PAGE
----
Jamison Young is a musician who records endlessly and plays live as often as he can. Young releases all his music under a CC licence, some through ‘fairplay’ label (and former Featured Commoner) Beatpick, who helped get Young’s track “Memories Child” into the soundtrack for new feature film “The X-Files: I Want to Believe“. We Caught up with Young and asked him some questions regarding his decision to use CC licences and what his current and future plans are – read on to find out more.
Can you give our readers a bit of background about yourself and your music?
I’ve been writing, performing and recording songs for a while, yet its only in the last five or so years that I have settled down enough to get some kind of career going with what I do. I play live, although mostly based in Europe and that is where I’m based – I’m originally from Australia.
What are your influences?
Any song that lets me escape, songs from the 60’s, 70’s, 80’s of all types and also contemporary artists like Beck. I like songs that I can listen to again and again yet still stay fresh. Learning about copyright and Creative Commons has given me a new view on my influences though.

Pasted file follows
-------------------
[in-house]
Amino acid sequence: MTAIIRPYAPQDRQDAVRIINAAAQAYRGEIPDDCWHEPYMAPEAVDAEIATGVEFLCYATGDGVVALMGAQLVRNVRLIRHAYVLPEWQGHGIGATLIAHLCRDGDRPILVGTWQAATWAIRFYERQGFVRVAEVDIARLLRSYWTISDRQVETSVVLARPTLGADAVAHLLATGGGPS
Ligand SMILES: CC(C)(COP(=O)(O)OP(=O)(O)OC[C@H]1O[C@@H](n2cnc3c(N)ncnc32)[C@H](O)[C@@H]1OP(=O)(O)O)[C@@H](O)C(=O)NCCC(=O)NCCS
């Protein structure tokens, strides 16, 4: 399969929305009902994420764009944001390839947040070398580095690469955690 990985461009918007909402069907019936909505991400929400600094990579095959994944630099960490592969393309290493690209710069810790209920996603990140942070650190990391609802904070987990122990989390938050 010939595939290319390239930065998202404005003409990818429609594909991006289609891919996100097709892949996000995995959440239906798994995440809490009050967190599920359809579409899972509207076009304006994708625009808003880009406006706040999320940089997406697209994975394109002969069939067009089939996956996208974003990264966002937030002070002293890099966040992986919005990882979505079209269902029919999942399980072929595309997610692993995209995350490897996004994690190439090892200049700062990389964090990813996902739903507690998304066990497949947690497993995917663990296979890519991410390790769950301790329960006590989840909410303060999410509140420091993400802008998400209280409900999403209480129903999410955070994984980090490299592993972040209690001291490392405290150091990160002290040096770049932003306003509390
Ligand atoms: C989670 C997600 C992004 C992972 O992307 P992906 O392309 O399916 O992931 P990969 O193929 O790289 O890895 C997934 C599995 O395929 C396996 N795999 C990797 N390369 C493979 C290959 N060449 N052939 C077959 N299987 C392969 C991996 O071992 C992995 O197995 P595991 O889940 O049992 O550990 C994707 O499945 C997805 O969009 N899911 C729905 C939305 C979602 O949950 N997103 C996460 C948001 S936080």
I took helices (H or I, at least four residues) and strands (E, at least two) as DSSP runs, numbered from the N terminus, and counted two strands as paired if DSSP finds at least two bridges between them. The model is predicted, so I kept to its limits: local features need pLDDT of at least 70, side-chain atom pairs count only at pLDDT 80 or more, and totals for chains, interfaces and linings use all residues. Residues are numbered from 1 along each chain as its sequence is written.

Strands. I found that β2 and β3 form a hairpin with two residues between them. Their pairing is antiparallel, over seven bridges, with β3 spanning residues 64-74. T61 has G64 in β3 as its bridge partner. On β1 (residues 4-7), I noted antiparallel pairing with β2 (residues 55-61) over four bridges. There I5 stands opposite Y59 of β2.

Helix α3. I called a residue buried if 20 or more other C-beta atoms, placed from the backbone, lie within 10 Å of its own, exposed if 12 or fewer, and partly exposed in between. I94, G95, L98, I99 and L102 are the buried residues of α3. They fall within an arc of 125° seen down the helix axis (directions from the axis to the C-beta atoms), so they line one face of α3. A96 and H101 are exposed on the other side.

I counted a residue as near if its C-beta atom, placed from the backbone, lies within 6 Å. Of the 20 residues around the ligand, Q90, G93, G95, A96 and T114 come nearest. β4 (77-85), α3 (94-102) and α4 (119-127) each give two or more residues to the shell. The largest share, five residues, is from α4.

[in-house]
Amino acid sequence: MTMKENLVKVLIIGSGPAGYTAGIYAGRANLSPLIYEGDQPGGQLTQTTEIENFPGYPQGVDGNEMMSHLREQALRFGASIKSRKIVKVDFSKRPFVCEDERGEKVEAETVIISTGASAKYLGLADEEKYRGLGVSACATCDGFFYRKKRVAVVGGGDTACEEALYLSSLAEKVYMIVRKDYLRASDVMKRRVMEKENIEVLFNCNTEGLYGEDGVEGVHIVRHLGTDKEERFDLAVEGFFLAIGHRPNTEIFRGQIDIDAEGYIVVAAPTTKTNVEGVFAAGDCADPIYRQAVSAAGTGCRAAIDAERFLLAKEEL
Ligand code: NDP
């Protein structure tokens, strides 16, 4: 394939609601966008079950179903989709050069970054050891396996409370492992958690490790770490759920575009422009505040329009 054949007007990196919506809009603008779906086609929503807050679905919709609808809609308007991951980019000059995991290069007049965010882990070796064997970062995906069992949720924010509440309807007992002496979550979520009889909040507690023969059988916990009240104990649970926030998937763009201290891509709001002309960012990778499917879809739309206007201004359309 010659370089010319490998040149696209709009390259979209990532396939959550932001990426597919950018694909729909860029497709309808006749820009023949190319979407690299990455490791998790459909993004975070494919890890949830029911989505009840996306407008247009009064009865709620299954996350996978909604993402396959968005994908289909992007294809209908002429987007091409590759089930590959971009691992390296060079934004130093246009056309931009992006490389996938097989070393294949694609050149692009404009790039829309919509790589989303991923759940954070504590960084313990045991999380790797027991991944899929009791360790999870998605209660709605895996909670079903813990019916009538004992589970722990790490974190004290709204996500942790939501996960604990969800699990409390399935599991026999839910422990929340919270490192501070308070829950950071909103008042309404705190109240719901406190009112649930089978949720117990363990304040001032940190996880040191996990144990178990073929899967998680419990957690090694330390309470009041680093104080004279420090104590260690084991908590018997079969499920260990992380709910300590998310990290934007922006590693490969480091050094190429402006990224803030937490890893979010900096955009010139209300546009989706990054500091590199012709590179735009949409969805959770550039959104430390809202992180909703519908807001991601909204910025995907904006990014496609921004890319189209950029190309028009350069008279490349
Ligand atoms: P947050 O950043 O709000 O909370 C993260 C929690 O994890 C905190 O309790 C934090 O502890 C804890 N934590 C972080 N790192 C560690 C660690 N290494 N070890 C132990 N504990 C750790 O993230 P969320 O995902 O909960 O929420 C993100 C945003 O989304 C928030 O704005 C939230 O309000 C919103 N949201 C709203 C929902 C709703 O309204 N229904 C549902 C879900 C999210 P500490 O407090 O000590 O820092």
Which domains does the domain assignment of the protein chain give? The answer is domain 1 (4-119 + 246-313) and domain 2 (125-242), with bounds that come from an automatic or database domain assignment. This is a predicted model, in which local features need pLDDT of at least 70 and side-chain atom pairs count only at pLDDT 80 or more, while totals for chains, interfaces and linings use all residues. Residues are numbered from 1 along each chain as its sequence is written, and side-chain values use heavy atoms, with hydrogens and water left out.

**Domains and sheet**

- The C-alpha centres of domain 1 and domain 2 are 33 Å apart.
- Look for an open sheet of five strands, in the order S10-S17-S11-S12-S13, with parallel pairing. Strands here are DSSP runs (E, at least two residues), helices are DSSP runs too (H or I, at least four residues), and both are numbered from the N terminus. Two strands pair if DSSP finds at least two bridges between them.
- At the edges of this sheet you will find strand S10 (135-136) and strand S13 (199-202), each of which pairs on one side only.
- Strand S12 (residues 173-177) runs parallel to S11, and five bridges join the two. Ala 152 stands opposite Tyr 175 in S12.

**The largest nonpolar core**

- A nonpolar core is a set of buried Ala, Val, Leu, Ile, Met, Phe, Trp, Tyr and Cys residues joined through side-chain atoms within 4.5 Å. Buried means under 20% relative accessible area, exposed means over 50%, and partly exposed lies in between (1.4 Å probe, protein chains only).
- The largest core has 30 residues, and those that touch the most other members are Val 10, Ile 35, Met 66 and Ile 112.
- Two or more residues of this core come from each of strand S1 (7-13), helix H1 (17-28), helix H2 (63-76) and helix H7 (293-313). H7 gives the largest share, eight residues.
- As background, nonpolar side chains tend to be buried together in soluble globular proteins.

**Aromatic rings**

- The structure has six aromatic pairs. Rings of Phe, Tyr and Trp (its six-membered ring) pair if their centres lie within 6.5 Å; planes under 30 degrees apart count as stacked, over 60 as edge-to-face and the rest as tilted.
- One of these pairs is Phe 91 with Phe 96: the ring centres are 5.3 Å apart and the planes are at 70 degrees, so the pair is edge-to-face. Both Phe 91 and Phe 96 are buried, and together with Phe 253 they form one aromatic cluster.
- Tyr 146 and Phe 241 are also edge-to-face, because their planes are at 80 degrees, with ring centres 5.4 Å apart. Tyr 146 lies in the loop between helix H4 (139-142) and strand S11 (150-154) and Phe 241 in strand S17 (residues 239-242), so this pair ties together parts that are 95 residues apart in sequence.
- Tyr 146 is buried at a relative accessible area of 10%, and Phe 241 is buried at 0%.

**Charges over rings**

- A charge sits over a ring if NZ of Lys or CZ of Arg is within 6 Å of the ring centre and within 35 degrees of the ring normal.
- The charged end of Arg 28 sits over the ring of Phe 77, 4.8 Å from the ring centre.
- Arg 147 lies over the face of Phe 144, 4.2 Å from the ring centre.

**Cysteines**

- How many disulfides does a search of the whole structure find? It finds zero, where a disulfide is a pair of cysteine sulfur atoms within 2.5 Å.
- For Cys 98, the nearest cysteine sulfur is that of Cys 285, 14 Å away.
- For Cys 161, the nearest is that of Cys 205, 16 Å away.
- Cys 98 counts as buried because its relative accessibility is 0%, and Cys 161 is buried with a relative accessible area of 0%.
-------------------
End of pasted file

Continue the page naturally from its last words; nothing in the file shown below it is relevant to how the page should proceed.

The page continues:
What licenses do you use and why?
I licensed the songs from the album “Shifting Sands Of A Blue Car” under a Creative Commons Attribution license. When I look at the amount of self published art that is used commercially compared to published content and then look at how much quality self published content is available online, less restrictions for my music makes more sense for me. Also, a lot of home creators that use a song might want to use the content in conjunction with a services like youtube or myspace, and who can say if these services are a commercial or non-commercial from the user of the contents point of view.